Isaac Newton may have thought that what goes up must come down, but a look at the S&P 500’s performance over the past year suggests today’s stockA financial instrument giving the holder a proportion of the ownership and earnings of a company. traders disagree with him. In our webinar Rocket or Rollercoaster: Where Will the Markets Go From Here?, Director of Research Jeff DeMaso discussed whether we’ll see more volatilityA measure of how large the changes in an asset’s price are. The more volatile an asset, the more likely that its price will experience sharp rises and steep drops over time. The more volatile an asset is, the riskier it is to invest in. in the market for the rest of the year.
Please enjoy the excerpt below and click here for the full webinar replay to hear more.
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I just don’t think that the market goes up in a straight line. But that doesn’t mean that the market has to crash back to earth like a rocket. We’re going to have some ups and downs and twists and turns. But the market can still gain ground even if the ride is bumpier.
Let me give you a few reasons why I think we might be on a rollercoaster.
The pandemic economic shutdown made most of the economic data nearly unusable. I don’t need to remind anyone that last year we just flipped the switch, shutting down the economy in an attempt to contain the spread of COVID-19. The economic numbers then were pretty bleak. Fortunately, the downturn didn’t last too long.
In fact, according to the National Bureau for Economic Research (NBER)—the scorekeeper for recessions and expansions—it was the shortest recession on record, lasting just two months: March and April of 2020. Still, that economic shutdown and the strong rebound we’ve seen are skewing all of the numbers, particularly when they’re compared to the numbers reported a year ago.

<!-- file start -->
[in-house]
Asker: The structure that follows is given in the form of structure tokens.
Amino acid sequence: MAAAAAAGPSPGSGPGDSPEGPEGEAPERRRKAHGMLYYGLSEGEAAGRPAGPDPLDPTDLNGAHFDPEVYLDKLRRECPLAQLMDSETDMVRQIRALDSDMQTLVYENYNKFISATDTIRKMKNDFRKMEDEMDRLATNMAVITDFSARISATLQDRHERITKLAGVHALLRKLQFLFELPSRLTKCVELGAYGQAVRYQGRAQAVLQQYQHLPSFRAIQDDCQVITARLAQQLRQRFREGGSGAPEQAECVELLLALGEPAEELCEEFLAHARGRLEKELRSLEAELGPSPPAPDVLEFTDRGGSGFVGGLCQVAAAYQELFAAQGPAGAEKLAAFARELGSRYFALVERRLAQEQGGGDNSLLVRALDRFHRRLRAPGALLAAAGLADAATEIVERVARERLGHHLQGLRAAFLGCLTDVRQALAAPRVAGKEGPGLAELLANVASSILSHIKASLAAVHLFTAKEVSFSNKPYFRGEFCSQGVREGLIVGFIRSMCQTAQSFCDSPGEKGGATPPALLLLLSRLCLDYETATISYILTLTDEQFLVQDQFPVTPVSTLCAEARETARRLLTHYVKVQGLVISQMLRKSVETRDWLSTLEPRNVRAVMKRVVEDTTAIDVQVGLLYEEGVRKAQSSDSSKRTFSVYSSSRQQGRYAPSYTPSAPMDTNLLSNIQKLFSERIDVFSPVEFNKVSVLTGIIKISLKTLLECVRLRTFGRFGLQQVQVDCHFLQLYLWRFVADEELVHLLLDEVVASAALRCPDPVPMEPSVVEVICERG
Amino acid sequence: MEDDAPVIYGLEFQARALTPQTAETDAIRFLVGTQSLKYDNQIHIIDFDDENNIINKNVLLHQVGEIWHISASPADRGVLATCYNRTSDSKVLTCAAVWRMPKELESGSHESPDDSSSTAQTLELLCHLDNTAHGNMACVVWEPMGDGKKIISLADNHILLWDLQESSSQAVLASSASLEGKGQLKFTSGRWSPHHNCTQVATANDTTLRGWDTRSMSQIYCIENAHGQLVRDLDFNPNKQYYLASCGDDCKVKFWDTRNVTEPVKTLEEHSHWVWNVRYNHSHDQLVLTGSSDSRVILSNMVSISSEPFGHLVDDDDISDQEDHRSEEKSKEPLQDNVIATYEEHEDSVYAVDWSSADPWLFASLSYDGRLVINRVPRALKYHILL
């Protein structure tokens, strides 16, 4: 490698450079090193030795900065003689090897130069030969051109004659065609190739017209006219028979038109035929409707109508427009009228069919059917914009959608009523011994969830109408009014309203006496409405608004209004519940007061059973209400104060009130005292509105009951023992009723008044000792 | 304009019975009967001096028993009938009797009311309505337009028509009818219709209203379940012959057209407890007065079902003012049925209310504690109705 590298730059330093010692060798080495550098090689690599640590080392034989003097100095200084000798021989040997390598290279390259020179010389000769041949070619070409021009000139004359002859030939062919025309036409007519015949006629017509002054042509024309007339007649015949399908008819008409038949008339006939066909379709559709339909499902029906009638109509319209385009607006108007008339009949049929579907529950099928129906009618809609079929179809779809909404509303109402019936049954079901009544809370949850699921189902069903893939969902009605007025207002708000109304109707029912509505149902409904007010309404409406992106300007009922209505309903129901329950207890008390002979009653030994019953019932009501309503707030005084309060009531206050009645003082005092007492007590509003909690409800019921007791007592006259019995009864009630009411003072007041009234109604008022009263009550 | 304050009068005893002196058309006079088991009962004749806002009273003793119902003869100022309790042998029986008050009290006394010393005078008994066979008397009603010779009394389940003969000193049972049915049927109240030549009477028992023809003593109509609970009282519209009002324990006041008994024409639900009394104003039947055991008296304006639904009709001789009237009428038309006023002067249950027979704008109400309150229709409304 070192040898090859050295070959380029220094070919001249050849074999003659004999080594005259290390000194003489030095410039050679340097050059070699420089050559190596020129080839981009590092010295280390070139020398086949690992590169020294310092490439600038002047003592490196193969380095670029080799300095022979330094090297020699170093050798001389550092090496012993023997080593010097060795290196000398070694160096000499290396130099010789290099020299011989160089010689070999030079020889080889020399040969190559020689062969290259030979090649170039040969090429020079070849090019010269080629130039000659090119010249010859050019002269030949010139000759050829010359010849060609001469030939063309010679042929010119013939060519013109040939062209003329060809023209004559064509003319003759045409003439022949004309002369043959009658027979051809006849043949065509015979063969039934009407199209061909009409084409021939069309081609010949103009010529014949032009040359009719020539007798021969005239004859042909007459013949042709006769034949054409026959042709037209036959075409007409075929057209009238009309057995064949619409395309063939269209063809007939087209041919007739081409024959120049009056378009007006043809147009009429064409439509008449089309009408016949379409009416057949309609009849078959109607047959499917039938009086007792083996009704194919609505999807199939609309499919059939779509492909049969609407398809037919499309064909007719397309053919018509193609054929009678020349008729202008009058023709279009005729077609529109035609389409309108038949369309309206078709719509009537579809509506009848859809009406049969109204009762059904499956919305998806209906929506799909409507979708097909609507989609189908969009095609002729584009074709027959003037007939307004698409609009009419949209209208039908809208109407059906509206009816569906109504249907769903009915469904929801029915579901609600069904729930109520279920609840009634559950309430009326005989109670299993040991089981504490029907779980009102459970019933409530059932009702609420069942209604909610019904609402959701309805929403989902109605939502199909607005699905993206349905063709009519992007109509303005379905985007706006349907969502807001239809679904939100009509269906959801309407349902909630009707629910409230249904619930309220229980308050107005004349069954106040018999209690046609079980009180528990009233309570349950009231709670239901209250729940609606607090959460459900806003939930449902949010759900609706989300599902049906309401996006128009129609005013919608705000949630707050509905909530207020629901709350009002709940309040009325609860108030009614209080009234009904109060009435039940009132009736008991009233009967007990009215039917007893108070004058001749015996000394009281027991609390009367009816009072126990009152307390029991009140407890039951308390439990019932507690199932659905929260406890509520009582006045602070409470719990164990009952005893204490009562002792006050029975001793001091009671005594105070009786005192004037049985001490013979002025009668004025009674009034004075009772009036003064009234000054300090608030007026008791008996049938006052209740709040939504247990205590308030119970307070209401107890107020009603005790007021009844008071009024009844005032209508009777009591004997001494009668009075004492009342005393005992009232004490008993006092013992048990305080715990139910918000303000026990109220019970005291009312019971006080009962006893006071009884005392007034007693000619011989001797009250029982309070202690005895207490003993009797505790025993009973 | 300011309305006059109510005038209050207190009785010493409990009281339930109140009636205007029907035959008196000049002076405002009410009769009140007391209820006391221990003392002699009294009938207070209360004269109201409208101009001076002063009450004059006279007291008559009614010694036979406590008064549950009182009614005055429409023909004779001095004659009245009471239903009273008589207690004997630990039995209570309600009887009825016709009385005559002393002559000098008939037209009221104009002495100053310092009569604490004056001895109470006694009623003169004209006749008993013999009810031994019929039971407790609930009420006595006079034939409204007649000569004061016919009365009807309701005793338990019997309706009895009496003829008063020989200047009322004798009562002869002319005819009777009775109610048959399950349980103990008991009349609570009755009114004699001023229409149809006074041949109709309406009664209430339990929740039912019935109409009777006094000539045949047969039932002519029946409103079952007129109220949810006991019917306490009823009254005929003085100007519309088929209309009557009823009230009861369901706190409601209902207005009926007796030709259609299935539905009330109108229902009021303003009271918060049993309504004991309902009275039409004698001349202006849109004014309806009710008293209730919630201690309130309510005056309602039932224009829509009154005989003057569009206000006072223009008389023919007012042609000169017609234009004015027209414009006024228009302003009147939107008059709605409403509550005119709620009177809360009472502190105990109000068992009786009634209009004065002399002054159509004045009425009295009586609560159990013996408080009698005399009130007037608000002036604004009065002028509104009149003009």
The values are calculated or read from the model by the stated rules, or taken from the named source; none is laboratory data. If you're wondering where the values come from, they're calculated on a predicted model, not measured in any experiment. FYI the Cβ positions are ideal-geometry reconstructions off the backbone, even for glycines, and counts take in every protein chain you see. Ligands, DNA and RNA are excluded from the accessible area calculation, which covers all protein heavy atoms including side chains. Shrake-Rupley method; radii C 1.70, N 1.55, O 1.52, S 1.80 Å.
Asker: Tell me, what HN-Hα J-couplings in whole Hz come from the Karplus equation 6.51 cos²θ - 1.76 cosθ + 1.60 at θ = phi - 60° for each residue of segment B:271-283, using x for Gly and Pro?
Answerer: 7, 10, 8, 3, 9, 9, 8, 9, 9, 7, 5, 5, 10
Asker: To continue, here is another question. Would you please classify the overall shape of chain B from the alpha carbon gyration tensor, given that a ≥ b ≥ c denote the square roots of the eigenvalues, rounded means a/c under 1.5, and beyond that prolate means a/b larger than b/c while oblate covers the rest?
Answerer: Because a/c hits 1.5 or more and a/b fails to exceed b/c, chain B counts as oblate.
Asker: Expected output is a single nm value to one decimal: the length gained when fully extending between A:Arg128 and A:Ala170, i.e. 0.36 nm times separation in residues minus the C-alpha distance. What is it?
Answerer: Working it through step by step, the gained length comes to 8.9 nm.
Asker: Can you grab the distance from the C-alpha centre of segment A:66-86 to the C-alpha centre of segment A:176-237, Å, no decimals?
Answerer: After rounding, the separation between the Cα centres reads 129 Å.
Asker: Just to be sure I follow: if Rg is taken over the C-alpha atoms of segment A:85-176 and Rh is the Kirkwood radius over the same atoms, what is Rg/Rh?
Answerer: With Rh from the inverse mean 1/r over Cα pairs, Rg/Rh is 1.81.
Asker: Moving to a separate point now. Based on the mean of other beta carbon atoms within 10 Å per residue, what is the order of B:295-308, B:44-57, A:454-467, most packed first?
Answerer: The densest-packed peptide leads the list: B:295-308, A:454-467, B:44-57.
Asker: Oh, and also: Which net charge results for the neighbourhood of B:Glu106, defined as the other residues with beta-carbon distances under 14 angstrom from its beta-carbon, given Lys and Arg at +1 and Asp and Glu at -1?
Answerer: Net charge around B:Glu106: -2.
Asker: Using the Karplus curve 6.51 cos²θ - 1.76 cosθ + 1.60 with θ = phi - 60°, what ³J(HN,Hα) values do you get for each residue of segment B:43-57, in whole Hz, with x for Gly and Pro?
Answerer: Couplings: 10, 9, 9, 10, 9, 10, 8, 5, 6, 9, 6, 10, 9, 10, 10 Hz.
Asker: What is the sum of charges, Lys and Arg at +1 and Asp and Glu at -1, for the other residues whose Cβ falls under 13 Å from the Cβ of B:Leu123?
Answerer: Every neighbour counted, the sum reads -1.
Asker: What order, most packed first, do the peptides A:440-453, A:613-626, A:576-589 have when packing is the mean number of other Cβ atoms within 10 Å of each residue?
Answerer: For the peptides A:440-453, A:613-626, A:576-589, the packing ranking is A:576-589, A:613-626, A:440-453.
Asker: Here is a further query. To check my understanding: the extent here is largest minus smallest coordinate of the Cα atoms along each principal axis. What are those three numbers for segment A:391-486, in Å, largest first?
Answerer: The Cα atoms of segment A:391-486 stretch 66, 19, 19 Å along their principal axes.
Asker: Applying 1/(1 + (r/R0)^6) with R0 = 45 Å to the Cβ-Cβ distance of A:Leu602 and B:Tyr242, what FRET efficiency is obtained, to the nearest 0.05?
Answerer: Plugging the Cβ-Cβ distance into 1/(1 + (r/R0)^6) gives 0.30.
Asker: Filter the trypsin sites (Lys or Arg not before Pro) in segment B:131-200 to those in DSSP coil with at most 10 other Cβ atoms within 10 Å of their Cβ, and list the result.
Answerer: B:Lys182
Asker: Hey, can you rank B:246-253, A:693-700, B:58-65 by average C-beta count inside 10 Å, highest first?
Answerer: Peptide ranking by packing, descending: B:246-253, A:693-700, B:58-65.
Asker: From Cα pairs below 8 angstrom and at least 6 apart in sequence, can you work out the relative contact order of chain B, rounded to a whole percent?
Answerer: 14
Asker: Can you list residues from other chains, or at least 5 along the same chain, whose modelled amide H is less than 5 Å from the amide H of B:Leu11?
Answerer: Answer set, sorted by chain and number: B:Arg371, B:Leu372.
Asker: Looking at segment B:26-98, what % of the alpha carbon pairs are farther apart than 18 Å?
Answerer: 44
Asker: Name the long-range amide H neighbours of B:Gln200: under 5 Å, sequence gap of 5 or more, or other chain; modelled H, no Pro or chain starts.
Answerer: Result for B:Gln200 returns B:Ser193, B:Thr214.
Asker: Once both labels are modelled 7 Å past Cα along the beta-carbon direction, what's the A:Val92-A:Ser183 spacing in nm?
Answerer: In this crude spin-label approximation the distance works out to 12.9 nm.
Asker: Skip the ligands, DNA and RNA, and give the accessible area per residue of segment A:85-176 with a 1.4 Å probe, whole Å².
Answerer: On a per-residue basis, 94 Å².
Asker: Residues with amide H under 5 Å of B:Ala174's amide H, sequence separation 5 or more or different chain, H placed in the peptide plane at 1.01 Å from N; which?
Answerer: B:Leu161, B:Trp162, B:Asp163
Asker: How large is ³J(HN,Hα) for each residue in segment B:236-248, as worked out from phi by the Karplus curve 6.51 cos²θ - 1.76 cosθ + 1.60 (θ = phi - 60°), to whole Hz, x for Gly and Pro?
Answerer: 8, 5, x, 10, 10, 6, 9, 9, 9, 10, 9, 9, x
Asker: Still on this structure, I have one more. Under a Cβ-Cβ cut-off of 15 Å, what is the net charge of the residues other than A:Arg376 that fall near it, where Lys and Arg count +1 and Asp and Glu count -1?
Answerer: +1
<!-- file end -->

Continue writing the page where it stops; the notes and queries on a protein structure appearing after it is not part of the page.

And that’s why we say that we’re in this “silly season” for economic data. I expect we’re going to see a big number when we get our first look at second-quarter GDP. We’re going to get economic growth of 7%, 8%, 9% most likely, which is just enormous when we’re talking about a $23 trillion economy. And I don’t think that level is sustainable.
To understand just how the economic data is on a rollercoaster, consider the jobs that we’ve lost or created since the late 1980s—but really focus on the last two years, where the numbers are just dramatically different than we’ve seen before. We’ve added nearly 10 million jobs to the economy over the last year. We almost hit 15 million jobs if you go back to a few months ago. And that’s clearly better than anything we’ve seen in the past 30 years. But just in the previous year, we’ve lost 20 million jobs, which is easily the worst that we’ve seen.
Here’s another example of why we’re in the silly season for data: Retail sales are up nearly 20% over the last year. Just a few months ago, they were up 50%. Again, that’s a really big outlier. We’re only getting those massive numbers because we’re comparing data to depressed levels from a year ago.
We keep asking ourselves how traders and investors will adjust to seeing normal economic data again. Even if retail sales keep growing, even if we’re adding more jobs, will traders be disappointed if we’re not seeing record gains? I do expect to see growth ahead; but those 50% or 10% year-over-year, quarter-over-quarter numbers are going to be much harder to come by.
*Webinar recorded after the market closed on Wednesday, July 28, 2021.
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